by Chris Reed | January 17, 2015 7:15 am
Gov. Jerry Brown has been vague about whether he agrees with the incendiary premise of last June’s decision in the Vergara case: that state teacher tenure and job protection laws are so likely to steer poor teachers to struggling mostly minority schools that they violate minority students’ constitutional right to a public education comparable to that received in schools in more affluent communities.
The appeal of the ruling filed by the state Attorney General’s Office on behalf of the California Department of Education and the governor in late August was low-key. Here’s The Los Angeles Times’ description:
The notice of appeal cited several issues, including that “changes of this magnitude, as a matter of law and policy, require appellate review.”
The notice also faulted the trial judge, saying that he had “declined to provide a detailed statement of the factual and legal bases for [his] ruling.”
Earlier this month, however, Brown told reporters that he was willing to consider changes in state laws governing teachers. Evidence presented in the Vergara case showed that it’s almost impossible to fire teachers when they receive tenure after their first two years. Marginal or troubled teachers often end up in schools full of English-learner students.
Still, the governor’s remarks were so carefully couched that one could take away the idea that he considered the problem serious or that it was more of a legal headache than a serious policy issue.
In coming weeks, however, Brown is likely to offer clear hints about what, if anything, he hopes to change on the tenure front. He has two vacancies to fill on the State Board of Education.
Will the governor name more current California Teacher Association officials, like Patricia Ann Rucker, appointed to the board in 2011 and reappointed in 2014?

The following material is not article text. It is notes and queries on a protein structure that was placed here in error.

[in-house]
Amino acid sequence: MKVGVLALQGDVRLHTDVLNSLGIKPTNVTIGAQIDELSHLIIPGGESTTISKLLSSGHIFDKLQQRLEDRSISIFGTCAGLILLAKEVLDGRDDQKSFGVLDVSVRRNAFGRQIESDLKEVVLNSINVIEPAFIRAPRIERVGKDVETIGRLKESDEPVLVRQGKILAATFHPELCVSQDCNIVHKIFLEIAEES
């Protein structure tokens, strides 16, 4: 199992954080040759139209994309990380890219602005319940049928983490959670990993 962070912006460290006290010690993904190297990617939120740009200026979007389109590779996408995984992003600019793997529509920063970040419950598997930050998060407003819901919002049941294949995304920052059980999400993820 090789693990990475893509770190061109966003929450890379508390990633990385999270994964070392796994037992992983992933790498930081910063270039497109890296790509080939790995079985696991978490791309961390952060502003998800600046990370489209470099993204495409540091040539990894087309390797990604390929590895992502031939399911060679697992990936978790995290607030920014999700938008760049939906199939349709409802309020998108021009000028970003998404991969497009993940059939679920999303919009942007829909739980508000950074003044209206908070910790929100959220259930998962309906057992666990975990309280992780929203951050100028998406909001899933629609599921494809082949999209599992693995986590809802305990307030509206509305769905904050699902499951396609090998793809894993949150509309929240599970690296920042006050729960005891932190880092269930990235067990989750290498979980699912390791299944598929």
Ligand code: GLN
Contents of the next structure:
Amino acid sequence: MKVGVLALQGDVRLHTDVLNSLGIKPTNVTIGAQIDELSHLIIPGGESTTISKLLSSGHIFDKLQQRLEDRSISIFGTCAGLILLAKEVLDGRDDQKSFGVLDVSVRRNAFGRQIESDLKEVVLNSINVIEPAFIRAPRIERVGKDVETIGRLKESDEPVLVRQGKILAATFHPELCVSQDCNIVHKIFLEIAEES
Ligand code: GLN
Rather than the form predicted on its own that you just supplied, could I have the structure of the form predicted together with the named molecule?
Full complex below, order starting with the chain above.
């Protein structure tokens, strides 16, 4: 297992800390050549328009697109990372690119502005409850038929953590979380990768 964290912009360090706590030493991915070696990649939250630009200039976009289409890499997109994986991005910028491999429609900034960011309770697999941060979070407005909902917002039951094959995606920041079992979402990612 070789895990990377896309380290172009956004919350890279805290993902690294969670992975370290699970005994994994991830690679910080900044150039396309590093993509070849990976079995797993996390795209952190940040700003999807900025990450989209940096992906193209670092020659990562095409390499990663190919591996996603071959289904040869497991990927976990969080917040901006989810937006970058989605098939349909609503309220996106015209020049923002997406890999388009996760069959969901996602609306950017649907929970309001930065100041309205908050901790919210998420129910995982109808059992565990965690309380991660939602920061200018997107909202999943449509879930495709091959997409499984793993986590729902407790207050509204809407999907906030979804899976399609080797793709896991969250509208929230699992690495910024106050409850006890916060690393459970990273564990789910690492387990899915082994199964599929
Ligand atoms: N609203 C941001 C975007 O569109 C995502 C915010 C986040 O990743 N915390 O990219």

Or will he choose education experts in the reform camp, such as Trish Williams, a former EdSource chief executive officer whom Brown named to the state board in 2011?
Education reformers are badly in need of a beachhead in state government. The state Department of Education is run by Superintendent of Public Instruction Tom Torlakson, the CTA’s closest ally in Sacramento. He has repeatedly denounced the Vergara decision and defended the teacher tenure status quo.
If Brown gives the teachers unions two new appointments to the state Board of Education, that will be as clear a signal as possible that he has no interest in taking them on in his second term.
It will also suggest the governor doesn’t intend to take a stand against shenanigans related to the Local Control Funding Formula. The 2013 state law was supposed to ensure more school funding went directly to help English learners and other struggling students get on track.
But in many urban school districts that have gotten an influx of LCFF dollars, the money has been diverted to raises for teachers. The most recent example was in San Francisco Unified, where teachers won a raise of more than 12 percent over the next three years, in addition to the raises many get each year based on seniority and completion of graduate coursework.
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